Thanks Claudia 🙂 If you go to Greece: Naxos, Ios, Paros and Athens are great! 🙂
if i go to athens, i’ll take some owls with me…smiles
Your reply sounds like a poem to me.
I like the culture of inclusion in D’verse ~ its what I felt when I first shyly & hesitantly joined the OLN & prompts ~ It makes learning easy & enjoyable too ~
Been living in Canada for 9 years now so I know about living and working in a multi-cultural environment. It has opened my eyes to new cultures & different way of thinking ~ But I don’t forget my asian roots because my parents & family are still there ~ But what I do is write in a general way so anyone from any culture can understand my situation ~ And I also don’t write about “controverisal topics” because maybe it divides or offends the readers ~
Such an interesting topic Claudia ~
Happy Monday and see you guys tomorrow ~
interesting what you say about controversial topics.. it’s not easy to discuss them with people from the same background but def. even more difficult if you have the different cultural viewpoints…
and i can imagine that you miss your fam… def. not easy to live so far away from them.. what do you miss most about your home country grace..?
Sun & more sun, smiles ~ Like Imelda, I had to adjust to the 4 seasons but Canada is our home now so we make the best of it ~
Björn Rudberg (brudberg) said:
I cannot agree more.. the inclusive atmosphere in dVerse is so important for me.. I think I have touched on controversial topics a few time… at least making a stand-point..
Björn Rudberg (brudberg) said:
Just like you Claudia I work in a very international company.. many of my colleagues are from other cultures.. and English is the normal language we communicate in… there are of course many thing to consider what is “normal”.. but you have to learn that maybe it’s you who are the strange one…. on the other hand I have found that usually I get quickly accepted when out travelling… Some cultures looks very easy to start with, and the more your scratch the surface the more things you find, in other’s it’s a little bit rough to start with… but the more similarities you find.. But with a keen interest for food, I usually find my way into new cultures..
ha yes….sometimes we have to learn that we’re the strange ones… i once made a cross cultural training and the trainer took the point “punctuality” i mean switzerland is clock-work punctuality – then you have other cultures that take time just as a suggestion… his advice was to re-think and meet somewhere in the middle…
Björn Rudberg (brudberg) said:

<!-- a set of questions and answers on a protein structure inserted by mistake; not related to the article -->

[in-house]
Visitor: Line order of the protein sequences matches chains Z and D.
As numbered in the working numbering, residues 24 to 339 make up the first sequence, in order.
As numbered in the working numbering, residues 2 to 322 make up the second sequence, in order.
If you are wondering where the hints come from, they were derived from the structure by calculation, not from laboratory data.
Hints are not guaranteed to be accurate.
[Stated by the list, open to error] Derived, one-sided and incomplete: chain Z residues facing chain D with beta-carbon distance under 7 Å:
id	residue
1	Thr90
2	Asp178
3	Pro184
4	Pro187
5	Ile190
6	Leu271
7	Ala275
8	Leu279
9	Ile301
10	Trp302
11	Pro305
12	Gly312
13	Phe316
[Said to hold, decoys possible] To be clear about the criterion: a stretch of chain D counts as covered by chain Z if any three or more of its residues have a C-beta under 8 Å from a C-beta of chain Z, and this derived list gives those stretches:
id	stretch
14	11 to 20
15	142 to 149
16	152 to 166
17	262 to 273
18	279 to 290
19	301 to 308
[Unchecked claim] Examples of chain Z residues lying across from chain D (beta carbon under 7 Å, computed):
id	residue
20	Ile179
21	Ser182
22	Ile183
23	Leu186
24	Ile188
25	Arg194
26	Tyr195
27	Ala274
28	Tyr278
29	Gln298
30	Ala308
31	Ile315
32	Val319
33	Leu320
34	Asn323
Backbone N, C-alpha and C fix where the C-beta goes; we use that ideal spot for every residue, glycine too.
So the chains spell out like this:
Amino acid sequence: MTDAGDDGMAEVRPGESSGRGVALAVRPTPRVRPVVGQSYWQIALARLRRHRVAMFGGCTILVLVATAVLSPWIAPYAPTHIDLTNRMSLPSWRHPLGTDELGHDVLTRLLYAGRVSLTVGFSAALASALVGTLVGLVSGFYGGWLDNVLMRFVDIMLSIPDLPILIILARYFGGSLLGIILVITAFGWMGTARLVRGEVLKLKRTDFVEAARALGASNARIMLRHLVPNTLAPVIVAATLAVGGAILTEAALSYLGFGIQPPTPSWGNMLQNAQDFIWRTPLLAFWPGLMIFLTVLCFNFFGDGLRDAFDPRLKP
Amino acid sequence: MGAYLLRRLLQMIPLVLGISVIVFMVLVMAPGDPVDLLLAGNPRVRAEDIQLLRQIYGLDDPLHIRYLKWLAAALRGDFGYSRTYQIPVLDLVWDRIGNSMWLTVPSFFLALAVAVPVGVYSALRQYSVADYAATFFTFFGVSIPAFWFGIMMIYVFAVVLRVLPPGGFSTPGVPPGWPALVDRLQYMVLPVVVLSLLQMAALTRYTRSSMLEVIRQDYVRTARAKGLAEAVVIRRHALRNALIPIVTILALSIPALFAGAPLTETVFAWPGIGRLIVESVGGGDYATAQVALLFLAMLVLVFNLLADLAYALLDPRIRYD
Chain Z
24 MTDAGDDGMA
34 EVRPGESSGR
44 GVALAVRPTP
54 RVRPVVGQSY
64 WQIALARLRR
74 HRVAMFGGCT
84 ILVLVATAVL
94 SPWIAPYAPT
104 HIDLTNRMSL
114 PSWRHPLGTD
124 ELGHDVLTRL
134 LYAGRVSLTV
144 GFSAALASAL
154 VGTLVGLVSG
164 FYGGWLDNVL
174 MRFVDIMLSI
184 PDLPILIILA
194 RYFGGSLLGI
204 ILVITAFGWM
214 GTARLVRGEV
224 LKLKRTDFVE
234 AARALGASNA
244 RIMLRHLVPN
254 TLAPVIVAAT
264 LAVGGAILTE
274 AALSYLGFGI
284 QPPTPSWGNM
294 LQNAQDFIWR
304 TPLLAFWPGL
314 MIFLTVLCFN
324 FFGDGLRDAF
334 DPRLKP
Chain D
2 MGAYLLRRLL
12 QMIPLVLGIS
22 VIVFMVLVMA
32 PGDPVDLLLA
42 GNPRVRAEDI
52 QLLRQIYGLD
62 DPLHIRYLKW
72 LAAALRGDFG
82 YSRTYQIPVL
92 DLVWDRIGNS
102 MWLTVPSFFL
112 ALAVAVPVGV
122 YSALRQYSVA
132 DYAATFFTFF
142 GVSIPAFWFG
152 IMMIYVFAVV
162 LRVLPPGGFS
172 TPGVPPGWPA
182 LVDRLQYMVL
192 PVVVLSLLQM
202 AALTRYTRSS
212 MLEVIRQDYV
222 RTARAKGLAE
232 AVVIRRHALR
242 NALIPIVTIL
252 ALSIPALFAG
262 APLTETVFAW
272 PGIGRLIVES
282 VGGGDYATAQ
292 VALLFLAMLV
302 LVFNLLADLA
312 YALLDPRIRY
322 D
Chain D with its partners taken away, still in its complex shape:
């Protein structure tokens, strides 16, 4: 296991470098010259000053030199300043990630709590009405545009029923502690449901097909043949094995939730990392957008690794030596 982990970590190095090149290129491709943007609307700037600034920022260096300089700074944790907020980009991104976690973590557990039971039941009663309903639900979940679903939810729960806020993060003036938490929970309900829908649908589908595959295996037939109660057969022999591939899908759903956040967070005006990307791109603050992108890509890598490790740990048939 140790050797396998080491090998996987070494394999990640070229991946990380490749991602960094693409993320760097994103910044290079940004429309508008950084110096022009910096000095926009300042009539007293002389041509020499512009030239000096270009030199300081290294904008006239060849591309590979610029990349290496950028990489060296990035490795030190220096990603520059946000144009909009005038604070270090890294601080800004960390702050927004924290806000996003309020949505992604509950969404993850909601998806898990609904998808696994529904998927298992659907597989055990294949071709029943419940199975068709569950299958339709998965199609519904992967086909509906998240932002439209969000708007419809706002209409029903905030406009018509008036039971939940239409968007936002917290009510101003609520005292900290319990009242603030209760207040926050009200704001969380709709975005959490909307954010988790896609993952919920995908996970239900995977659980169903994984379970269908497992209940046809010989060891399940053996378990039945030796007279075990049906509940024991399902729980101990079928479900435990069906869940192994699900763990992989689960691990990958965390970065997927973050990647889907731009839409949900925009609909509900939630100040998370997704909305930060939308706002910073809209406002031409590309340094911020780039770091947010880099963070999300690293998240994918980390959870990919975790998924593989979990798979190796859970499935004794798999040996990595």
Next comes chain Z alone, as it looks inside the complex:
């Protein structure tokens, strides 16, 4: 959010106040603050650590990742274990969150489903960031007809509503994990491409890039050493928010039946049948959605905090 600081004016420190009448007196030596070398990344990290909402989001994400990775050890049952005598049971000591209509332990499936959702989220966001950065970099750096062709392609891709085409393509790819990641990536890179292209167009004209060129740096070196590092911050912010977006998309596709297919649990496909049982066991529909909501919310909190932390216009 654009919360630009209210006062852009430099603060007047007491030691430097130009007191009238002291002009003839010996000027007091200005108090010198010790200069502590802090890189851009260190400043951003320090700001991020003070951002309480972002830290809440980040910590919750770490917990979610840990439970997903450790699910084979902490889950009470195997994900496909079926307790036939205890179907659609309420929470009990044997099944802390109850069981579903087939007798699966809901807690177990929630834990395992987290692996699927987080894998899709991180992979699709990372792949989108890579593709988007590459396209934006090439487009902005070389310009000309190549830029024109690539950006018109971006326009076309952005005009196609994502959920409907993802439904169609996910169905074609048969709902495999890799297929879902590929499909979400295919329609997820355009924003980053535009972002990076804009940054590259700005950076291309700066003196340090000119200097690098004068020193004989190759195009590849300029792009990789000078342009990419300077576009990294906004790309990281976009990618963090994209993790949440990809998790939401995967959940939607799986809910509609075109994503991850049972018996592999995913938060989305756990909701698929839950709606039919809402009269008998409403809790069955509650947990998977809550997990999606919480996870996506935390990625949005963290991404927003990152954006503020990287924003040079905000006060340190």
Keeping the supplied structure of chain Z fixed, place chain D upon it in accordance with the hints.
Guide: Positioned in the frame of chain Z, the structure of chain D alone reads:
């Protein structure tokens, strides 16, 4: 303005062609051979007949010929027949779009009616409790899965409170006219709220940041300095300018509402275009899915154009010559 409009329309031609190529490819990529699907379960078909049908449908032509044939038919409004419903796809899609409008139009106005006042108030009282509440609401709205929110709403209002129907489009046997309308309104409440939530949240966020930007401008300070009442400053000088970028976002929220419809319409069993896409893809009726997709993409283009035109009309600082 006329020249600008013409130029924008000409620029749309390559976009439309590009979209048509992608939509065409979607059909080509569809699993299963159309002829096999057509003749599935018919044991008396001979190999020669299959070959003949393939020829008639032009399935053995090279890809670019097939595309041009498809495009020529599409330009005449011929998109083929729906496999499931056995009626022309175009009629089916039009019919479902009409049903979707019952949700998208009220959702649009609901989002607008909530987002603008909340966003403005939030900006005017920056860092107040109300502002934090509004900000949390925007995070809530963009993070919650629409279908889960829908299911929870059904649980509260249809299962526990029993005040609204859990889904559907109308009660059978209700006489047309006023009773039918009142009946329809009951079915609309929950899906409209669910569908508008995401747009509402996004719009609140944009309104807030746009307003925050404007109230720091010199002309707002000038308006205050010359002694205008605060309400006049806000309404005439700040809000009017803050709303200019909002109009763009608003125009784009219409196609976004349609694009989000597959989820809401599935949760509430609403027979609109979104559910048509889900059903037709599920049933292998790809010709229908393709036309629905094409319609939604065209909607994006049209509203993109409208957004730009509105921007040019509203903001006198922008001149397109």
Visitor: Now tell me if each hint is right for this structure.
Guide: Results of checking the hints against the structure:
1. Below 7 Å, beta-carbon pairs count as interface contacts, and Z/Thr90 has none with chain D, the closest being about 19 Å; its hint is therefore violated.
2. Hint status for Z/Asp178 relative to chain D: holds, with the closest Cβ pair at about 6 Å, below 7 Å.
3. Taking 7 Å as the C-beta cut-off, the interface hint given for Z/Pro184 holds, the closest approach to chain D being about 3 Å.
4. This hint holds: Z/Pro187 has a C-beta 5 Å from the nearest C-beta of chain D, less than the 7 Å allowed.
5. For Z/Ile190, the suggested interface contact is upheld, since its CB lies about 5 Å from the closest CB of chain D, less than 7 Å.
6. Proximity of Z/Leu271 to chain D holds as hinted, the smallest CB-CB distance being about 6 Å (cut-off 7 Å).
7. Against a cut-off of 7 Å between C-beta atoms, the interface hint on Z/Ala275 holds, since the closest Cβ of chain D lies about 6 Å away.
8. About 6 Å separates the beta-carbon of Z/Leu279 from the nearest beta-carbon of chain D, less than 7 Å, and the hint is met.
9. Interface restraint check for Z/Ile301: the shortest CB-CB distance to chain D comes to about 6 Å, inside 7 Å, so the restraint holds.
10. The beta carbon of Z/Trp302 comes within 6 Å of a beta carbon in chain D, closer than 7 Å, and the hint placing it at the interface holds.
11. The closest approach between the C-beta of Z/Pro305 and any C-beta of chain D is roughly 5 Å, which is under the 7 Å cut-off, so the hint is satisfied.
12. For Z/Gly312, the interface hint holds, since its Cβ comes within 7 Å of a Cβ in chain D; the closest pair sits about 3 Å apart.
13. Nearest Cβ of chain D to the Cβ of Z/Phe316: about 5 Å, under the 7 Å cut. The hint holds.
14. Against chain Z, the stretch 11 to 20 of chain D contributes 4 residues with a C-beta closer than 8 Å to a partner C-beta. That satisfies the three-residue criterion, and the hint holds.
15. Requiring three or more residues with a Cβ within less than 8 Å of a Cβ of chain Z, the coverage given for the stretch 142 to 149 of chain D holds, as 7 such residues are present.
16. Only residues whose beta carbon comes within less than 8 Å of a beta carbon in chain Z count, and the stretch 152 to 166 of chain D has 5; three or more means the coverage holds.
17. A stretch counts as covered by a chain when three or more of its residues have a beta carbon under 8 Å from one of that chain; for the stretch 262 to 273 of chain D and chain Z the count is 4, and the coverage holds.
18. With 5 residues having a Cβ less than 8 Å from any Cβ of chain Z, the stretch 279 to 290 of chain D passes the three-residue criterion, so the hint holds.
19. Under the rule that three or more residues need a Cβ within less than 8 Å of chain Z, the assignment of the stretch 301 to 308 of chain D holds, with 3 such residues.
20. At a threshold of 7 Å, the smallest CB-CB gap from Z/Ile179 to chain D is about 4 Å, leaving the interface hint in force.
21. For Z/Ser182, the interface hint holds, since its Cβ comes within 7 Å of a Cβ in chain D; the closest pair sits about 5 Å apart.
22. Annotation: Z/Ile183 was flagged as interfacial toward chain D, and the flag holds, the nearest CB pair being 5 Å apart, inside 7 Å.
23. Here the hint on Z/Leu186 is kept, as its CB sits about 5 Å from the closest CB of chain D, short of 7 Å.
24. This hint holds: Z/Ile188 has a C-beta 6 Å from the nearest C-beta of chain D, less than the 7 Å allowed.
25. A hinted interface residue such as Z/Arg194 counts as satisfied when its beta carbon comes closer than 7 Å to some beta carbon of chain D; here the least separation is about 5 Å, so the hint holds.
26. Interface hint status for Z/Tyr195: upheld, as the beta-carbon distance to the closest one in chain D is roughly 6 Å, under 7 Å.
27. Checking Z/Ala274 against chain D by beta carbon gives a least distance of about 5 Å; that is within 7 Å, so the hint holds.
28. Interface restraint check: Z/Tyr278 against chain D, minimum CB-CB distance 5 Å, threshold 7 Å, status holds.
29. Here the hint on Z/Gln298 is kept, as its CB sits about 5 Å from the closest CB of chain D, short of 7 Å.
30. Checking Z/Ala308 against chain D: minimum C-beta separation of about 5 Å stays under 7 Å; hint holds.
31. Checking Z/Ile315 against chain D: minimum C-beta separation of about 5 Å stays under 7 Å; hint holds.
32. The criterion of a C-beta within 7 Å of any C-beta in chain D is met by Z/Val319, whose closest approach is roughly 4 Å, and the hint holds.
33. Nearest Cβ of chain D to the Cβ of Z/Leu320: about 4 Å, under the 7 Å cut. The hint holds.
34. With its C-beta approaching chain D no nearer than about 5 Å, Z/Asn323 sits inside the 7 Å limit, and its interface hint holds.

Ah.. Swedes have a hang up on punctuality… as an example my step mother sees and invitation for dinner at 7 .. meaning that she has to be there latest at 7… and since she used to come by bus it could mean she showed up half an hour early… 🙂
haha… and found the host probably still in apron and pin curler…smiles
Ha, Björn. Punctuality is one thing I learned when we first started visiting with the school.
Björn Rudberg (brudberg) said:
I can understand that.. 🙂
Björn Rudberg (brudberg) said:
And I also remember I was 5 minutes late when we met in Stockholm … very unswedish…
🙂 I had forgotten!
hey… you two met…?? how cool is that!!!!
We did! Very cool indeed.
Victoria C. Slotto said:
My German grandfather drummed punctuality into us. You could set your clock by him.
haha… the germans… smiles
oh and food is a wonderful bridge into other cultures…. hmmmm
Hi Claudia. 🙂
I am by blood and culture, a Filipino. However, for ten years now, I have been living in the US and acquired a citizenship, too. I am married to an American. Ah, living in a household of mixed culture can be quite challenging. For one, I came from a more boisterous and politically incorrect setting. What is ‘normal’ behavior from when I came from is sometimes not acceptable here. There are many disagreements at home that came from our different backgrounds. When I was new, I turned off some people by the way I talked. I guess they found it too familiar, and flirtatious, even, when I was just trying to be friendly.
oh i can imagine that cross-cultural marriage is an additional challenge – but what an enrichment as well… and in cross-cultural environments i think we def. have to re-define and re-adjust of what is “normal” again and again… that will broaden our horizon immensely
The Course of Our Seasons said:
Not a world traveler – I think I’m not alone in this – most Americans have never set foot out of the country- and that is one of the reasons I am drawn to dVerse – getting to know people from all over the world – it has been a wonderful experience to read and ‘hear’ their accents thru poetry. I have found here in the US, living in the South or now the Ozarks, is culturally different from when I lived back east or out west. And I always try to play up my southern accent as much as possible 🙂 K
haha… would love to hear your southern accent… and i can imagine that in such a big land as the US are cultural differences… we even have them in small germany…people form bavaria have a different mentality like someone who lives up in the north
… and i too love all the different accents i hear through poetry… and many poems also offer glimpses into another culture.. i appreciate that so much
I find that culture is navigatible but sometimes gender is beyond my comprehension 🙂